Protein comes from a Greek word ‘Proteo’ meaning to take the first place’. They are complex organic compounds with nitrogen as an integral part. Proteins are made up of small units called amino acids. Each gram of protein provides 4 kcal of energy.
- Essential for growth and repair of tissues.
- Hemoglobin, an iron containing protein present in red blood cells, is responsible for carrying oxygen to various tissues.
- Antibodies which are responsible for building up the body’s immune system are protein in nature.
- Certain enzymes and hormones like insulin and thyroxine are also proteins.
- Plasma proteins (present in blood) help in maintaining the fluid balance in the body.
Proteins can be classified as :
- Complete proteins
o They have all essential amino acids to supply the body’s needs.
o These are of good quality.
- Incomplete proteins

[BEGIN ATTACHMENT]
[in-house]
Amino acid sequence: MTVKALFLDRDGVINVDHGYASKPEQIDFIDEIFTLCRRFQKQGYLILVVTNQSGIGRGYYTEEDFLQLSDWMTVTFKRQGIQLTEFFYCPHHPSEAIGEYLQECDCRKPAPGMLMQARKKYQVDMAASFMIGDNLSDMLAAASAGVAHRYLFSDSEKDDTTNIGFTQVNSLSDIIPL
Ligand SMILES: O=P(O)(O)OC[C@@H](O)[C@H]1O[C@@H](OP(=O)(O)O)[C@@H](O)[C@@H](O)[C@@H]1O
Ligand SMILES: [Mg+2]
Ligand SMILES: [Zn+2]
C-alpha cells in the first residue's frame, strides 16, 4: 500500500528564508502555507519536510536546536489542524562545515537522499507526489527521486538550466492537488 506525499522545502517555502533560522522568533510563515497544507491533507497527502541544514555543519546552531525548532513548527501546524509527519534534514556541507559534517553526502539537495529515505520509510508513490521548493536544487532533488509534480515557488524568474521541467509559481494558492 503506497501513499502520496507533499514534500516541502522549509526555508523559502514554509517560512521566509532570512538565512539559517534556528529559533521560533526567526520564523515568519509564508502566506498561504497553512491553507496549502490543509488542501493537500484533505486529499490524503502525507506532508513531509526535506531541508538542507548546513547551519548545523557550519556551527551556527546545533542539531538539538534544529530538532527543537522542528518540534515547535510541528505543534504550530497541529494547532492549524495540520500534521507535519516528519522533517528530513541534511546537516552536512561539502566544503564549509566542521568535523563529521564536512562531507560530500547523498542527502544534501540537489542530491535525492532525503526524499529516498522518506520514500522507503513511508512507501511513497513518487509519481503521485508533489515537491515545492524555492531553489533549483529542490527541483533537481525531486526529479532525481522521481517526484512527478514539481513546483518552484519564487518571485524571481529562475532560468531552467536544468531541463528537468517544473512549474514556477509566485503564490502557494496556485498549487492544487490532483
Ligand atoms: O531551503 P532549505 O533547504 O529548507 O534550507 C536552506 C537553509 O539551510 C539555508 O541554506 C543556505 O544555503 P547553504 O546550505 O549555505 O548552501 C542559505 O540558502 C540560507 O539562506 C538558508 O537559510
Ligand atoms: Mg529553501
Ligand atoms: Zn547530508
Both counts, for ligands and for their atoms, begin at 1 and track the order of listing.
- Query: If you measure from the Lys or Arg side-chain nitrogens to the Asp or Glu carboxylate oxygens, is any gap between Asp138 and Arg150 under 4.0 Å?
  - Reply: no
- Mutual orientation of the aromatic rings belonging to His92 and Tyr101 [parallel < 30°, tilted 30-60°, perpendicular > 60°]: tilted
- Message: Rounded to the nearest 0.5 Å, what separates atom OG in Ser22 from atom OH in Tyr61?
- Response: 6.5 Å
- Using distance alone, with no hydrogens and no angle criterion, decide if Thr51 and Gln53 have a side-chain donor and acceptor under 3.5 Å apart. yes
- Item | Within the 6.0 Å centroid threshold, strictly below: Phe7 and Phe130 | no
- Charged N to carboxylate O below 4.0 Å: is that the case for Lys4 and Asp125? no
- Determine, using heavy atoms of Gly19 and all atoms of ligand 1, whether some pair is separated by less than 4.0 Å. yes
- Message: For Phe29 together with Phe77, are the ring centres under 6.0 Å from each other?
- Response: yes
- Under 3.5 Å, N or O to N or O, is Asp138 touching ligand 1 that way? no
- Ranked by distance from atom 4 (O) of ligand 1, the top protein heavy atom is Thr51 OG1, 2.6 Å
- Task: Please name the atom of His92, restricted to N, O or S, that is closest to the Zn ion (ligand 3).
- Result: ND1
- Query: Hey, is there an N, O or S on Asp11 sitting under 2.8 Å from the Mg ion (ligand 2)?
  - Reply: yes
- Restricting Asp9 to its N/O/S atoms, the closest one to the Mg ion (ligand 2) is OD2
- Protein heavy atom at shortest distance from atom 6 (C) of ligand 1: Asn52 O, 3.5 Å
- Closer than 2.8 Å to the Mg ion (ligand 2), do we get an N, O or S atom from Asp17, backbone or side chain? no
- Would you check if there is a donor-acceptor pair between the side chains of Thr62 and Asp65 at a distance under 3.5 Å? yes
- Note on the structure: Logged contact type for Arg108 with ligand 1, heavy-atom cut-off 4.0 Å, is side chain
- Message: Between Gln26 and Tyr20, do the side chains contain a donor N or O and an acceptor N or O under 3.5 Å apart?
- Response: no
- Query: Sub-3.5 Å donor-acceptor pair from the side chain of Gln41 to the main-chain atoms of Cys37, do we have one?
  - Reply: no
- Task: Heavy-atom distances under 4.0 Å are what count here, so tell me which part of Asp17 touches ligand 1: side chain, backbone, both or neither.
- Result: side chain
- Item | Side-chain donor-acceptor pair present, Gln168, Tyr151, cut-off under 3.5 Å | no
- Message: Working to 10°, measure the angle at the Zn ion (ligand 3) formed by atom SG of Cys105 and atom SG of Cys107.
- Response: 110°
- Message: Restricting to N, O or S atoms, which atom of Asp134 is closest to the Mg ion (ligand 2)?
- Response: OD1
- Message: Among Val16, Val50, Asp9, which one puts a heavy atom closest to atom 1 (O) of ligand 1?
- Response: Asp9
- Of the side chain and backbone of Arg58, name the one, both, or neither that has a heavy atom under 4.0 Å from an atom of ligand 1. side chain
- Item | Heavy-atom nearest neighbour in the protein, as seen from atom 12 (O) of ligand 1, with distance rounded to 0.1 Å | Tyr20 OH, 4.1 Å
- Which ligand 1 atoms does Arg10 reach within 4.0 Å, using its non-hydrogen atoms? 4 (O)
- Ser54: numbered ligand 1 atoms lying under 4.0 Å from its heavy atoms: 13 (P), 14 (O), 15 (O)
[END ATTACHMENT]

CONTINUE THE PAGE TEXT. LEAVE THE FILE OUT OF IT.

o They are deficient in one or more essential amino acids.
o Proteins obtained from these are of a lower quality than complete proteins
(If different foods from this group of protein are used in combination, the protein needs can be adequately met).
|Complete proteins||Incomplete proteins|
|These are obtained from animal sources like
||These are obtained from
A normal individual needs 1 gm of protein per kg body weight per day. For a normal healthy person, the total intake of proteins should be 15 – 20% of the total calorie requirement. This requirement may go up during pregnancy and childhood. Certain disease conditions require modification in the protein intake.
Animal sources provide better quality protein but they are also rich in fats and excessive intake may lead to obesity and other cardiovascular disorders.
Though, pulses account for majority of the proteins obtained from vegetable sources, a single type of pulse may not contain all the essential amino acids required by the body. Therefore, individuals having a preference for vegetarian diet should always use a combination of pulses and cereals to meet the protein requirements.